CHICAGO—Blueprint Medicines’ RET inhibitor BLU-667 shrank tumors in 60% of a difficult-to-treat group of lung cancer patients, teeing it up for a 2020 filing in patients with RET-altered non-small cell lung cancer (NSCLC) who had already tried chemotherapy.
The phase 2 data, presented Monday at the annual meeting of the American Society of Clinical Oncology (ASCO), show a “dramatically better” response than is seen with current treatments, Blueprint Chief Medical Officer Andy Boral, M.D., told FierceBiotech.
Unlike patients with other mutations such as ALK, RAS or EGFR, patients with RET mutations haven’t benefited from a targeted treatment. Instead, they routinely receive platinum chemotherapy along with "any number of drugs,” Boral said. If a patient’s disease gets worse, there aren’t many options.
“There are no highly active alternatives for these patients, and the response rate after a platinum-based doublet in a RET-altered tumor … would be typically in the 10, 12, 15% range,” Boral said. Additionally, data suggest checkpoint inhibitors like Keytruda aren’t as active in RET-driven cancers, he said.
Of the 35 evaluable NSCLC patients who were previously treated, 90% of them had some tumor shrinkage, as seen by imaging, and 60% had a big enough size decrease to be called responders. The treatment eliminated one patient’s cancer and stopped cancer growth in all 35 patients.
BLU-667 also fared well in patients whose cancer had spread to the brain. It shrank brain tumors in seven of the nine patients whose brain metastases were large and defined enough to be seen on a CT scan or with an MRI.
“We’re finding that BLU-667 seems to prevent progression in the brain just like it does elsewhere, so we are not seeing the brain as a site of failure,” Boral said.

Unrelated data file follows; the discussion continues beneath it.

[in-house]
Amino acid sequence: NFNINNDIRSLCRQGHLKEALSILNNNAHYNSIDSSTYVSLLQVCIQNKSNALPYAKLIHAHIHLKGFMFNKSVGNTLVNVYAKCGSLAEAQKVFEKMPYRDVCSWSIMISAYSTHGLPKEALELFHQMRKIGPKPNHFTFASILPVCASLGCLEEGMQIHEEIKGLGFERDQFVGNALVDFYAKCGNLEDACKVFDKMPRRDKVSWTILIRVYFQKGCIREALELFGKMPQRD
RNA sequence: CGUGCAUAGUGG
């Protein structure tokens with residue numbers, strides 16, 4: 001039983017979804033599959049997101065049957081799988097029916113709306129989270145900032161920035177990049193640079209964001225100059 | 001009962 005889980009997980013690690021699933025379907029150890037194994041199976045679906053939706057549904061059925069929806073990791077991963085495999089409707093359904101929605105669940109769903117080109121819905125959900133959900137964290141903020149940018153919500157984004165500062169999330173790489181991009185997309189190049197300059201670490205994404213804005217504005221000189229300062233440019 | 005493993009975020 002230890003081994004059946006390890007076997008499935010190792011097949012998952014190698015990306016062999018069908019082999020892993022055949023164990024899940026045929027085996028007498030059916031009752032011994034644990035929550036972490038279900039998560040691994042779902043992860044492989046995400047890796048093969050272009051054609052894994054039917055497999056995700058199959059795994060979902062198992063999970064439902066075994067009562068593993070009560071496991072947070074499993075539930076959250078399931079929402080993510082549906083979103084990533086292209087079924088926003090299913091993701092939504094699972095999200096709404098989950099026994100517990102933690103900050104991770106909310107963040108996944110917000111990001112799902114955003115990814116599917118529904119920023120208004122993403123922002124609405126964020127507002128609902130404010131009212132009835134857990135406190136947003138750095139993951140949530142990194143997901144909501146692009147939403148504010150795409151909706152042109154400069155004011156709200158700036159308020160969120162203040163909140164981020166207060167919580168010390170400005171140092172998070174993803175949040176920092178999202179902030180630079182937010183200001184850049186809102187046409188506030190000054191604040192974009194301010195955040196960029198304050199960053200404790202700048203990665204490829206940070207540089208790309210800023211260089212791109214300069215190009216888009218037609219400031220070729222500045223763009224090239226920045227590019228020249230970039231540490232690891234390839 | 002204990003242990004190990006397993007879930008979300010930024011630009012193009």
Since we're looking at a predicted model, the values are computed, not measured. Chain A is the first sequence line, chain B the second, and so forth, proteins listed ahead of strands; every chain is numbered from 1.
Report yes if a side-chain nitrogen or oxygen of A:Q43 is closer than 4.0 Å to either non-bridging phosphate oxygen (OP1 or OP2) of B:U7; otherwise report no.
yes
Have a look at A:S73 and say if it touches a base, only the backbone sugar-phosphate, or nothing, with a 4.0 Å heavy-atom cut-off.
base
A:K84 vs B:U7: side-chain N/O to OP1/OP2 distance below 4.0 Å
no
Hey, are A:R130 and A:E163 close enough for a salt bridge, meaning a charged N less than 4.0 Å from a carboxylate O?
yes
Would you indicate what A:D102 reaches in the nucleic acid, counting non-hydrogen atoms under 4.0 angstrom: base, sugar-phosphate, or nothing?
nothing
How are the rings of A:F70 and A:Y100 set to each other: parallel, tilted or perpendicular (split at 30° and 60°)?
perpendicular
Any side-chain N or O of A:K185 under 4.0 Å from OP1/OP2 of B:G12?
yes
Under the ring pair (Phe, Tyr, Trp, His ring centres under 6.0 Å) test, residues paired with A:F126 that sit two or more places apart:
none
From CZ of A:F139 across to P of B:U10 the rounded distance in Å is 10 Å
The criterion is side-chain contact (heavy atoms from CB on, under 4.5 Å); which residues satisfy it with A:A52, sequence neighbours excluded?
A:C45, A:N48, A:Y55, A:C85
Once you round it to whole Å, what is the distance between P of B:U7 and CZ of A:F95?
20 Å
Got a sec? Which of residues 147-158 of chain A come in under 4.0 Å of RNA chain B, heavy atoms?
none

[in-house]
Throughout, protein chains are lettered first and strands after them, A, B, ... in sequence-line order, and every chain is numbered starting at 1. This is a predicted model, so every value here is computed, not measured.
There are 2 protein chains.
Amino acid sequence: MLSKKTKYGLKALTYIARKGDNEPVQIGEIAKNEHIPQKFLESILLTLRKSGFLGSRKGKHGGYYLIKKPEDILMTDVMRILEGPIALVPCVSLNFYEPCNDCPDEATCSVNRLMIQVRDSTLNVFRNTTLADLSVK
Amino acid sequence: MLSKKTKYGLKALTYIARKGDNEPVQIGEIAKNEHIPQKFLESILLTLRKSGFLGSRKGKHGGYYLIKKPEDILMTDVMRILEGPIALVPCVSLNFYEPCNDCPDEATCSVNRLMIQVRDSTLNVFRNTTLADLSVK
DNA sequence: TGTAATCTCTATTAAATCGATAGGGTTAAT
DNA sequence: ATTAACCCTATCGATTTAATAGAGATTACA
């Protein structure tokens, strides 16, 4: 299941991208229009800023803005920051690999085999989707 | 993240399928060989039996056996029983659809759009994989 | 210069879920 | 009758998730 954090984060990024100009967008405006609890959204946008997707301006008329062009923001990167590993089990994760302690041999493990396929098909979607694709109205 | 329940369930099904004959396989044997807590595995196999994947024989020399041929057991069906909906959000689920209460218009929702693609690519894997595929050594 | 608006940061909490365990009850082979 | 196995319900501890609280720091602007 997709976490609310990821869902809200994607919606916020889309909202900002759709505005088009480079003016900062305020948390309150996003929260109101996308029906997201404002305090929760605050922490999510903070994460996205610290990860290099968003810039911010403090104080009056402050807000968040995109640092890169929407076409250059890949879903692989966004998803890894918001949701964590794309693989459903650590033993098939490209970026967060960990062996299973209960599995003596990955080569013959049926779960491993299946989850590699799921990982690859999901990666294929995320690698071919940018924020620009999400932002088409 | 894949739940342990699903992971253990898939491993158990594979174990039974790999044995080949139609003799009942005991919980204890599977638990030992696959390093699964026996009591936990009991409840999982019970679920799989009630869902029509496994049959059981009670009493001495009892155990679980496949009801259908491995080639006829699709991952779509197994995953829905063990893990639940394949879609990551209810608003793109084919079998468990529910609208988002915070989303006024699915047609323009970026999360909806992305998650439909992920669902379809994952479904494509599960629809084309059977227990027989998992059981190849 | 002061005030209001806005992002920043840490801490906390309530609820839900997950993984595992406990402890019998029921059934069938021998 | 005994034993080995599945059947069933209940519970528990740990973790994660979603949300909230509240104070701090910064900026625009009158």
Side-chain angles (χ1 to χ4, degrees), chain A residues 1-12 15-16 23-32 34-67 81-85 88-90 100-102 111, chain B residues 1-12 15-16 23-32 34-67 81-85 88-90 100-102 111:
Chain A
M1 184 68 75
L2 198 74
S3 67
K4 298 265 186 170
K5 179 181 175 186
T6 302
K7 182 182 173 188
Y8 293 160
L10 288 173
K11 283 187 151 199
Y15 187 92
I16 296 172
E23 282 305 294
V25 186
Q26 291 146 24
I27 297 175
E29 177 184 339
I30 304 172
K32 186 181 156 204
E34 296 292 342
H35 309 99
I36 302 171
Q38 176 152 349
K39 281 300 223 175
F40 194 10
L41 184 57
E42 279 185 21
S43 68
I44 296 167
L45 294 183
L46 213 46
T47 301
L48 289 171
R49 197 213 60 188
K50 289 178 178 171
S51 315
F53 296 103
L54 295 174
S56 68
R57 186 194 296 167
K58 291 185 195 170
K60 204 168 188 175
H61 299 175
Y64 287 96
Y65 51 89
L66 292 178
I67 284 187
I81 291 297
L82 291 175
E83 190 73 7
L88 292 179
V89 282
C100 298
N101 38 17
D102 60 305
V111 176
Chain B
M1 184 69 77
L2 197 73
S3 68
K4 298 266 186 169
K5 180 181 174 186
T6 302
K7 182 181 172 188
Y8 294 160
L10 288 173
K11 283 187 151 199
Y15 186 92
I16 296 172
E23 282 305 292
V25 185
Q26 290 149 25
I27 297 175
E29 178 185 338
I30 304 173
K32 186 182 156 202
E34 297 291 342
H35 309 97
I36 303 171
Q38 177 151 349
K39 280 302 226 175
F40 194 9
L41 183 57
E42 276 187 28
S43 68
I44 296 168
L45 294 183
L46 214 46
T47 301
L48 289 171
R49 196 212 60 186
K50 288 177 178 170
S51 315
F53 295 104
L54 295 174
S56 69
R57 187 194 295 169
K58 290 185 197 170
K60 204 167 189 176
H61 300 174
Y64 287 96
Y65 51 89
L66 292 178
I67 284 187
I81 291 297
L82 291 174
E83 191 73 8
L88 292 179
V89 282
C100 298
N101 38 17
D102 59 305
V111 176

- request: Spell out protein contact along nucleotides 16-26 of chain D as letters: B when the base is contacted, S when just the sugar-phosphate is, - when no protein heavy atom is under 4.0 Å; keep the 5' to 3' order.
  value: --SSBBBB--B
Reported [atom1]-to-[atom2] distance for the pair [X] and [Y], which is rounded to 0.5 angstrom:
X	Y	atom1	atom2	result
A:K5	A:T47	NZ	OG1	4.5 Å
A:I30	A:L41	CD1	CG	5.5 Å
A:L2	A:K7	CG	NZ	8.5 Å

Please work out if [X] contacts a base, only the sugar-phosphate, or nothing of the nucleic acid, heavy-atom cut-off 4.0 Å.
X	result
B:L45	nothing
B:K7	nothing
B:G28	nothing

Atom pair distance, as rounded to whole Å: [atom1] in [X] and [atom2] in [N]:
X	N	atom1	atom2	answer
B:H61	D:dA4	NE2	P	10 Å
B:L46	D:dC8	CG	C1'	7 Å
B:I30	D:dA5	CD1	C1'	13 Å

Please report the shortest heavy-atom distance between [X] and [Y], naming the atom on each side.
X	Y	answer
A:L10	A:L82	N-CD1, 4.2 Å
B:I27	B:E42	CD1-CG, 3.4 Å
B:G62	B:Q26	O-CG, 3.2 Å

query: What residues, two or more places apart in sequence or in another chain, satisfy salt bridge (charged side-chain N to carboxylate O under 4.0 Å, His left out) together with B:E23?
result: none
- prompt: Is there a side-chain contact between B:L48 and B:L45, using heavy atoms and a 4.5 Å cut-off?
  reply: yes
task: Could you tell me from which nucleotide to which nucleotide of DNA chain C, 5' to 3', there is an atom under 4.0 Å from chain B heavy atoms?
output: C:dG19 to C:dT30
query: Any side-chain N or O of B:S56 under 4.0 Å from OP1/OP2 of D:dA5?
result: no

Most patients with brain metastases don’t have measurable disease, he said, the metastases being too small or having indistinct borders. But this figure is encouraging, he said.
The study also tested BLU-667 in patients with RET-altered medullary thyroid cancer (MTC), shrinking tumors in 63% of patients who had previously been treated with Sanofi Genzyme’s Caprelsa or Exelixis’ Cabometyx. Five out of six patients with papillary thyroid cancer—which is less aggressive than MTC—responded to BLU-667. After getting its NSCLC filing submitted, Blueprint plans to file BLU-667 for approval in patients with previously treated MTC.
Of note, four patients—two with NSCLC and two with MTC—had previously been treated with Loxo Oncology’s experimental RET inhibitor LOXO-292. Loxo reported promising data at last year’s ASCO meeting, showing its treatment shrank 69% of RET-altered solid tumors
The overall response rate in these RET fusion-positive patients came in at 69%. The tumors of the patients shrunk in size by as much as 67%.
Beyond these first two filings, Blueprint wants to move BLU-667 into earlier-line settings in both lung and thyroid cancers and get into other RET-altered cancers. The study enrolled two patients with pancreatic cancer—one of whom has responded to BLU-667—and one patient with bile duct cancer.
Boral spoke about these other cancer types as “baskets” Blueprint wants to fill with “a broad array of different tumors.”
“We see this as another approval opportunity and we have been talking to the FDA about it. If we can get a diverse array of diseases with good response rates, that would be the next step forward,” he said. “But I think what’s even more important is moving into earlier lines of lung cancer.”
The study focused on patients with advanced cancer, but it enrolled a handful of patients who had not received prior treatment. BLU-667 shrank tumors in five of the seven patients—a 71% response rate. This echoes the performance of Genentech’s Alecensa (alectinib), an ALK inhibitor that shrinks tumors in about 55% of patients who have relapsed but does so in about 70% as a first-line therapy, Boral said.
In all, it will be a busy year for Blueprint, with its first FDA filing—for its KIT and PDGFRA inhibitor avapritinib—coming later this month, and a phase 3 study for BLU-667 as a frontline treatment kicking off later in 2019.
Editor's note: This story has been updated to correct the number of patients in the study who had papillary thyroid cancer who responded to BLU-667. It was five out of six patients, not three out of five.